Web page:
My sweater is more than just my style

I’m not normally one to use the writing prompt for ideas.  It’s not that their ideas are bad or anything, I’ve just usually got so much to say, I’m not looking for outside ideas!  Today, I was actually planning to write about my favourite sweater and how it defines me, and as the writing prompt is about clothing and style:  it was a great fit!  (pun totally intended!)

Dressing and clothes shopping have been a challenge for me since I became aware that what I wore mattered as much as who I am to the outside world.  The first time this concept hit me smack in the face I was 10 years old and my best friend’s mom bought me a pair of Mac jeans so I could “fit in” with the other kids.  The trendy jean of 1980, thank you very much, and for the girl who got hand-me-downs or GWG husky (boys!) jeans, I couldn’t have been more grateful as I gleefully took them in the powder room to try them on.  I was absolutely demoralized when I couldn’t get them past my knees.

I’m built like an Amazon.  What do you see when I tell you that?  If you’re unfamiliar with body types, I am what is known as a mesomorph.  The Encyclopedia Britannica states that a mesomorph is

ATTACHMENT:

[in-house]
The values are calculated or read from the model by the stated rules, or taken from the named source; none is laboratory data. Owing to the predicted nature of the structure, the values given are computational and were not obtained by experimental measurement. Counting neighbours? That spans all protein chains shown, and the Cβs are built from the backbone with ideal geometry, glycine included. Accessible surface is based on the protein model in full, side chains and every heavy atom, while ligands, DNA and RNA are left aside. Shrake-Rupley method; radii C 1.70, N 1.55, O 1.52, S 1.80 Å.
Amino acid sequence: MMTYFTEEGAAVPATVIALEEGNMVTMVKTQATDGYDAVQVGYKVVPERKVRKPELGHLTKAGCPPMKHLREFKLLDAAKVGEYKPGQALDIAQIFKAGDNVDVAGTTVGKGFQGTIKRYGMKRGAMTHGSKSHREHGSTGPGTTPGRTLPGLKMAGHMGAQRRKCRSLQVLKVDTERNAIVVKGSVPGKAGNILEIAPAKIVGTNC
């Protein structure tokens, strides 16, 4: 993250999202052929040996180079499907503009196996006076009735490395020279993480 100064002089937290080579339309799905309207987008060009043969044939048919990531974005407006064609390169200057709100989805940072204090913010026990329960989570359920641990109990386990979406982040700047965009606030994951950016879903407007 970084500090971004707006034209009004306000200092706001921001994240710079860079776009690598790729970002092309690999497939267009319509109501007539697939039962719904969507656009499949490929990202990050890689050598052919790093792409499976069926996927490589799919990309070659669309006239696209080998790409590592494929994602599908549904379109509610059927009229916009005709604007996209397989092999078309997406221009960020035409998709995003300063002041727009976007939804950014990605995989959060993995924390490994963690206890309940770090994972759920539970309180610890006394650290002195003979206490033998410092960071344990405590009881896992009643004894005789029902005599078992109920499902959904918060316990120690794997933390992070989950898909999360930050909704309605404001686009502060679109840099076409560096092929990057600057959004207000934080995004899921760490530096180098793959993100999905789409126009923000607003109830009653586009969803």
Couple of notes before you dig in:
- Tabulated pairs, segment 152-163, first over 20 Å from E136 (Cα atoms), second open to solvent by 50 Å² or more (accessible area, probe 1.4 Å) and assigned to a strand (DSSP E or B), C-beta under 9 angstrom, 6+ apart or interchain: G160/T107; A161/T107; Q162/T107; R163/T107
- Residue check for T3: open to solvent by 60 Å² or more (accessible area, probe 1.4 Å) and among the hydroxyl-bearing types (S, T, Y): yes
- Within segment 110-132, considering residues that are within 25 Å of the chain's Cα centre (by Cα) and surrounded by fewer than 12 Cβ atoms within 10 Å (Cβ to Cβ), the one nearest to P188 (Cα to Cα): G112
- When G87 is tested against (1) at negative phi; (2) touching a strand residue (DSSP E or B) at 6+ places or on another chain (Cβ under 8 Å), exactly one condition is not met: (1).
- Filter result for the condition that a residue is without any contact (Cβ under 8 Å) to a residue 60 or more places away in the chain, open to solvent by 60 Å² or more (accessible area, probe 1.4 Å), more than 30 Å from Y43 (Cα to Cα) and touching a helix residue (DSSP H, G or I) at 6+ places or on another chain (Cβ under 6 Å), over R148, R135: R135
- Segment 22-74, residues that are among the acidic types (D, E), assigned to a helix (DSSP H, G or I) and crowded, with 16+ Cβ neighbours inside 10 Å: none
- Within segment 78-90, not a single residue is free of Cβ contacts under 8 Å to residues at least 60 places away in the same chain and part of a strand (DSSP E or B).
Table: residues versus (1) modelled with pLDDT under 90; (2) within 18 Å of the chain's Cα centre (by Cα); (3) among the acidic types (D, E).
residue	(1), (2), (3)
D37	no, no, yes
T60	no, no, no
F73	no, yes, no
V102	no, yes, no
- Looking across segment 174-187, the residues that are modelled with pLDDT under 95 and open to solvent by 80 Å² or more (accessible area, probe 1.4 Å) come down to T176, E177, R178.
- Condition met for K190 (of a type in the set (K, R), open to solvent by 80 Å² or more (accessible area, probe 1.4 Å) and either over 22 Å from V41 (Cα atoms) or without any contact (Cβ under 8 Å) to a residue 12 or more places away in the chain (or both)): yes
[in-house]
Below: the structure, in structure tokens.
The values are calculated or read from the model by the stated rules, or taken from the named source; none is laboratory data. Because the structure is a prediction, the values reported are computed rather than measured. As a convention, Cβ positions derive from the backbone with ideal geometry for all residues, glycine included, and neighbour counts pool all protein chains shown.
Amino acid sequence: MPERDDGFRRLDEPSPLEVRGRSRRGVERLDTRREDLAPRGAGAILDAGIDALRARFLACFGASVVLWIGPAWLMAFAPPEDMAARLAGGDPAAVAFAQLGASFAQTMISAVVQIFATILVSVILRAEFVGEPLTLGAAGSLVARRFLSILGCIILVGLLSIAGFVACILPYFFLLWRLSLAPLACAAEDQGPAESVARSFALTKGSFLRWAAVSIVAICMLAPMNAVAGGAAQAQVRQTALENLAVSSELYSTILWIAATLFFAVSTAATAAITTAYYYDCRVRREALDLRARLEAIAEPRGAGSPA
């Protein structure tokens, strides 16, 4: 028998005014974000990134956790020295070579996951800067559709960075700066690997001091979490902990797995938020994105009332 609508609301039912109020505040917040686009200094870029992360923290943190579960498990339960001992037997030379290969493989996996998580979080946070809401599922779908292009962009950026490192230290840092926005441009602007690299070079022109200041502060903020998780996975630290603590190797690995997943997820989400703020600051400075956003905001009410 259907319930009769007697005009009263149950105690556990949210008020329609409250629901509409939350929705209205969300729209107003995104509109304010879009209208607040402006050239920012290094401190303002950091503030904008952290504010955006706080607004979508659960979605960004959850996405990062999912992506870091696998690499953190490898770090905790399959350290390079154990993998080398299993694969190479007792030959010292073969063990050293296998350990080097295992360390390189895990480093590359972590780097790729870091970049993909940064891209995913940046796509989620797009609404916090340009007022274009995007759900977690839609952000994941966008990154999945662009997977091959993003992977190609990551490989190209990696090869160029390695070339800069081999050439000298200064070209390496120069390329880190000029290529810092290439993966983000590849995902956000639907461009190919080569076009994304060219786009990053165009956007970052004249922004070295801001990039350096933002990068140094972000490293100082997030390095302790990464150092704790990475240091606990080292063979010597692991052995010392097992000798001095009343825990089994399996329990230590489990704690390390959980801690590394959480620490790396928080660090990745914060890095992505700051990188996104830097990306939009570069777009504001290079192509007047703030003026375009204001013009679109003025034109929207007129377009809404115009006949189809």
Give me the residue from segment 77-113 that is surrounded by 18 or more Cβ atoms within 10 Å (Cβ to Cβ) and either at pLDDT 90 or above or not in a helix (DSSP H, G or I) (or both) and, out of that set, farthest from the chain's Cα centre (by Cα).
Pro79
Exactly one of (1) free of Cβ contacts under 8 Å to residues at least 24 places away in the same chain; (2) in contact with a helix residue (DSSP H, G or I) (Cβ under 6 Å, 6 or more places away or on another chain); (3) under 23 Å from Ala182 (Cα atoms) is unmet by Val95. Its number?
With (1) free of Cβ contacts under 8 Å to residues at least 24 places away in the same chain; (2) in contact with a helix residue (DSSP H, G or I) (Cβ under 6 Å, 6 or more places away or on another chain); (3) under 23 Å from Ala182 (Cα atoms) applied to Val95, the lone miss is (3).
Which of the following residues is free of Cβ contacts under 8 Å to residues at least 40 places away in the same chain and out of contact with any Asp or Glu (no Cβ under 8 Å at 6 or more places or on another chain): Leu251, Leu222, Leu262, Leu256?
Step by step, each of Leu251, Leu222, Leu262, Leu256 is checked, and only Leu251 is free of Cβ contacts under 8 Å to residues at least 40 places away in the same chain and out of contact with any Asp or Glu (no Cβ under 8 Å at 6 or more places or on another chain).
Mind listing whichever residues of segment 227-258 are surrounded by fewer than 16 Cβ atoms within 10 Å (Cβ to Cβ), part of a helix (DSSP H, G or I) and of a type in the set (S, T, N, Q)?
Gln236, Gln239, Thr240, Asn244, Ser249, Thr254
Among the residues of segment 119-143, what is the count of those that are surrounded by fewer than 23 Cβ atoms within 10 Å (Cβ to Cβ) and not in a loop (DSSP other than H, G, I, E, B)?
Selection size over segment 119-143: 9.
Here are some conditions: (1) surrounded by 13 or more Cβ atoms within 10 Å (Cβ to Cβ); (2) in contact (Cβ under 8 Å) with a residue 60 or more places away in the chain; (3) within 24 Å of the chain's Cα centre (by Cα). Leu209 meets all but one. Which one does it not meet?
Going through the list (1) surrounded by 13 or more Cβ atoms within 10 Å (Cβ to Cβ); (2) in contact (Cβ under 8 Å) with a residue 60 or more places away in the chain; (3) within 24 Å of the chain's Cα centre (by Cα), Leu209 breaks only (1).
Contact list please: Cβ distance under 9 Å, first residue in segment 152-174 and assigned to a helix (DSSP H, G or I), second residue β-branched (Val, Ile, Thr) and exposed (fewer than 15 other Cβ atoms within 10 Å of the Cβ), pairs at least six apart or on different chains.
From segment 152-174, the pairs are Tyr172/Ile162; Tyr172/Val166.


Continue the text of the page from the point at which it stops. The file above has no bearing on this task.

a human physical type (somatotype) that is marked by greater than average muscular development, as determined by the physique-classification system developed by American psychologist W.H. Sheldon……The extreme mesomorph has a square, massive head; broad, muscular chest and shoulders; a large heart; heavily muscled arms and legs; and minimal body fat. He tends to develop muscle easily. His muscular development can usually be distinguished from that of one who has developed his muscles through body-building exercises. Compare ectomorphendomorph

So, big.  Not fat, muscular:  but kids don’t know fat from muscle and all they saw was “big” and translated to “fat”.  For me, stating I’m built like an Amazon is positive reinforcement that does away with all the negative name-calling I endured growing up (kids are cruel).  When I make that statement about myself, it conjures up an image of a gorgeous, strong, independent warrior – you know…. the Wonder Woman of comic book fame! (not Linda Carter) – how I would like to see myself.